4 Colored Pencil Techniques You Need to Know

To create compelling colored pencil drawings, an artist can employ a variety of techniques to achieve the look they desire. Here, you’ll learn some of the most basics techniques that you need to create realistic drawings. Once you know these key colored pencil techniques, you’ll be abel to add texture, dimension and rich color to your drawings.

Create volume with stroke direction

seabiscuit and heart colored pencil

The direction of your strokes makes a big difference in describing the three-dimensional form. Strokes describe texture. In the drawing above, you can see the crosshatching  in the background, circular strokes in the shell, horizontal strokes in the table, short strokes in the black cord and very short (and later blended) strokes in the amber heart.

Before you begin shading, ask yourself which direction you should layer the colors and how long or short the strokes should be. It may take some experimentation to understand the affects each type of stroke has on the texture of your composition.

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Layering one color at a time

steps in layering colored pencil

While many artists shade sections of drawings in all colors from start to finish, I tend to build my layers slowly, shading with one color at a time, using it throughout my drawing. This way, I can better control the values and develop the consistency and unity of all sections together. In the drawing above, you can see that I use two colored pencils on all petals but with various pencil pressure (top left) and then added the third color (top right). After that, I layered and blended more colors (bottom left), and finished up by adjusting edges and values (bottom right).

Using grays in your color palette

use of grays in colored pencil drawing

Colored pencils naturally lend themselves to very colorful and detailed works, it’s quite unusual to see a wide use of grays in artists’ work. However, if you understand how the grays affect your artwork, you can create depth and atmosphere. Grays also let you create a selective focus of one colorful point set against the less-vibrant background. Colored pencils don’t mix to grays and thus the manufacturers produce both warm- and cool-colored pencils in various percentages of gray.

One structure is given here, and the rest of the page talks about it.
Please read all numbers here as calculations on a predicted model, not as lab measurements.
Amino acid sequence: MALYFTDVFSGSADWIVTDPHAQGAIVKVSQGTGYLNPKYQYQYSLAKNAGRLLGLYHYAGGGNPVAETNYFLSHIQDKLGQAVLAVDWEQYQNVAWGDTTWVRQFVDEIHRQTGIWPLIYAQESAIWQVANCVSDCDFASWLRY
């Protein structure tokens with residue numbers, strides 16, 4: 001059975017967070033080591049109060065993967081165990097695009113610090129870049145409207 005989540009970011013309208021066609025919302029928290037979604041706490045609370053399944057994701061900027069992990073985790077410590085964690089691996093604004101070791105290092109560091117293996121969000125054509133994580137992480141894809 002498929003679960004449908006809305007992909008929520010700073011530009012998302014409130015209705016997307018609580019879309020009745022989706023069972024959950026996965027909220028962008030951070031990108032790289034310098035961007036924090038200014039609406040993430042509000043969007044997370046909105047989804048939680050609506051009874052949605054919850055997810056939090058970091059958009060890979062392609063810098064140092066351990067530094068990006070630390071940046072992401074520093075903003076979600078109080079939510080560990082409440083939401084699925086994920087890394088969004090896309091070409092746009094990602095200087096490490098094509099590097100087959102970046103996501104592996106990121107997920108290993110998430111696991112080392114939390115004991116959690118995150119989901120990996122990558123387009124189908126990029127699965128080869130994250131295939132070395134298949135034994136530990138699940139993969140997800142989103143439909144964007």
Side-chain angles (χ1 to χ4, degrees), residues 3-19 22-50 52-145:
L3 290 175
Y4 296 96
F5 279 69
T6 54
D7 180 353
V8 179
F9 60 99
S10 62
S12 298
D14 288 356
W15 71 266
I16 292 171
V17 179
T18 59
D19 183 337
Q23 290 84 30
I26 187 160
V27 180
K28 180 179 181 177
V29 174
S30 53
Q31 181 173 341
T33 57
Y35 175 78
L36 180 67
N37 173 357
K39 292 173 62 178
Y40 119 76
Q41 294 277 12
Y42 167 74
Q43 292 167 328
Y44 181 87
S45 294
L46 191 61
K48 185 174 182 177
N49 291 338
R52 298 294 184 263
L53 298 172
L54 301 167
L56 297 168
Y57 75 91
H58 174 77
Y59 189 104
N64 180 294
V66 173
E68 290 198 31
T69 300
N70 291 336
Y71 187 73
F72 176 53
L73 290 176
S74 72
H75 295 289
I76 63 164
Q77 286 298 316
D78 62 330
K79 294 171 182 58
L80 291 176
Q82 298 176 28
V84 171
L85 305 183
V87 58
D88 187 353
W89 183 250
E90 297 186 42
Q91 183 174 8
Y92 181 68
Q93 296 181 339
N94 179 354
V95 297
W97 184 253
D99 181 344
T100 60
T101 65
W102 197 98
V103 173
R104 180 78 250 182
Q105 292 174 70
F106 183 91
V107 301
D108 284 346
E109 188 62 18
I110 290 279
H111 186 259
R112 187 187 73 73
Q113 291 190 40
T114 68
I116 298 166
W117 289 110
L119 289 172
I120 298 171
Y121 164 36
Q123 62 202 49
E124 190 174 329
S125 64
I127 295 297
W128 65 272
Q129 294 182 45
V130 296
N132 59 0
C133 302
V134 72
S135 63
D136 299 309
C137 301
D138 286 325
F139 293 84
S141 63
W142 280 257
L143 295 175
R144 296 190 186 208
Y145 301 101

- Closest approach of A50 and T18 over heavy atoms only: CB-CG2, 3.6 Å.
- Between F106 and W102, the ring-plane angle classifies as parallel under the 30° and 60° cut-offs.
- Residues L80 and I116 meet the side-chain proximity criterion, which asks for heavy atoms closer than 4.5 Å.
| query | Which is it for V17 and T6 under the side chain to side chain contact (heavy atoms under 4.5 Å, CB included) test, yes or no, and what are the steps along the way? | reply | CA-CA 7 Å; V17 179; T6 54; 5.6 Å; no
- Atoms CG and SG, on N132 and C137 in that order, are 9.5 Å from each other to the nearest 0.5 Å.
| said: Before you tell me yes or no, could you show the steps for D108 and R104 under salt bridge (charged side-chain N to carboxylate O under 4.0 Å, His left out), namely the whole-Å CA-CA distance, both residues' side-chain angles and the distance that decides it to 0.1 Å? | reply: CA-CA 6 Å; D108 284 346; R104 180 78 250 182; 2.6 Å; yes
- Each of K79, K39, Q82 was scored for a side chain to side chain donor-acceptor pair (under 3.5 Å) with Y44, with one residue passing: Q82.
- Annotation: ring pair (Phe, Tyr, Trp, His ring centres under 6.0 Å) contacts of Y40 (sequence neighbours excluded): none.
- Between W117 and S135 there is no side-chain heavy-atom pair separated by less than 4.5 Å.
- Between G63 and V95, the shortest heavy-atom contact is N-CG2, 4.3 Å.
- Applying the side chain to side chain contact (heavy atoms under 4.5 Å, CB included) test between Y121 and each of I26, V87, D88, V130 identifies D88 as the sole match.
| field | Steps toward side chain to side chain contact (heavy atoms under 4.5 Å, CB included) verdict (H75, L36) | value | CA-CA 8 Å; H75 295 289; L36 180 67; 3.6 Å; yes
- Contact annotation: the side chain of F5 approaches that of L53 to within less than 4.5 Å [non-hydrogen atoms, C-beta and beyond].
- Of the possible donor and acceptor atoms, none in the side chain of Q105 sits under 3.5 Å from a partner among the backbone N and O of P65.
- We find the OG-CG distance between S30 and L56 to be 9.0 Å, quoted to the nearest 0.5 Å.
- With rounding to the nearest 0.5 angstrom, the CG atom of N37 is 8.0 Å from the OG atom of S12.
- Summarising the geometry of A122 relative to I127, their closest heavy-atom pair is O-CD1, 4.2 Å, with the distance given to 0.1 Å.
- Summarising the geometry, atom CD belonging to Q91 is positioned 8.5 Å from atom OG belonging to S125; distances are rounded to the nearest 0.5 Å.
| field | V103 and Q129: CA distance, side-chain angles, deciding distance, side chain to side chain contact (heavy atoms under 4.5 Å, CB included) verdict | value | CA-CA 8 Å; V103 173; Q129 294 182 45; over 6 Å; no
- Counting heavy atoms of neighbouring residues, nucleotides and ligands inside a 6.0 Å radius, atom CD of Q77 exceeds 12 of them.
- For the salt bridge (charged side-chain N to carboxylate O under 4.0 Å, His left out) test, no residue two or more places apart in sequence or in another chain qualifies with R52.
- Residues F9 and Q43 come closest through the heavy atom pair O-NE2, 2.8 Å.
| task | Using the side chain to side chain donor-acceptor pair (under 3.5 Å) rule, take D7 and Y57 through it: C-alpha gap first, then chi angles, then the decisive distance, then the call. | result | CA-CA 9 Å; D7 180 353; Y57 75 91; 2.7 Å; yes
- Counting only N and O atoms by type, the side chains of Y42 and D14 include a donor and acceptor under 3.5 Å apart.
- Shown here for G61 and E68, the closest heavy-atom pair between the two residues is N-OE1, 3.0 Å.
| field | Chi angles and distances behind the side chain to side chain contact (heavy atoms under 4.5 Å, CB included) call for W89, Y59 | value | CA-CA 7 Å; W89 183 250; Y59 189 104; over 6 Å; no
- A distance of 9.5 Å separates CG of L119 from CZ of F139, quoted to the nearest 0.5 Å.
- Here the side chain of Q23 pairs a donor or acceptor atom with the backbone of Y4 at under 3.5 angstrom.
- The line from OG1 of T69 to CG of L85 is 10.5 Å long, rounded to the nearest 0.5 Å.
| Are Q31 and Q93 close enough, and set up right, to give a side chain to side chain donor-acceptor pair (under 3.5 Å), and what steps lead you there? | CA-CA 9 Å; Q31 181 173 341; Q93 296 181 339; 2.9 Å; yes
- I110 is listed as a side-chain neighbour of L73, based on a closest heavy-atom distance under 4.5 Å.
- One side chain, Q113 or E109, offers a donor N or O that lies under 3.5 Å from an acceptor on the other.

Here are a few ways to use these grays in your compositions:

  • Use the gray over a color to “calm it down” or neutralize its chroma (brightness) in the background. This way, a bright flower in the foreground, for example, becomes even brighter because of the grayed-down color around it.
  • Apply it over the color in shadows.
  • Don’t use plain gray colored pencils to describe the form by itself, as there is always some color underneath the “gray” cloud or “gray’ coffee cup. 

In the drawing of the white fabric, you see a variety of grays applied over the light, warm and cool colors to gray them down.

Blending

colored pencil blending

While I describe various blending techniques in another post, it’s worth mentioning this technique again. Noticed the definite difference between the unblended surface (above left) and the blended one (above right). Blending greatly affects the feel of the painting and makes it look more realistic. To blend the large areas, I usually use the solvent Gamsol and the Caran d’Ache bright blender stick pencils for smaller or light areas. If you draw on smooth paper, blending is often not needed because colors tend to blend by themselves during general shading.

Learn Colored Pencil Essentials

colored pencil techniques

Improve all of your colored pencil drawings! Learn easy, empowering techniques for color mixing, application and more in this expert-taught online video class.Enroll Now »

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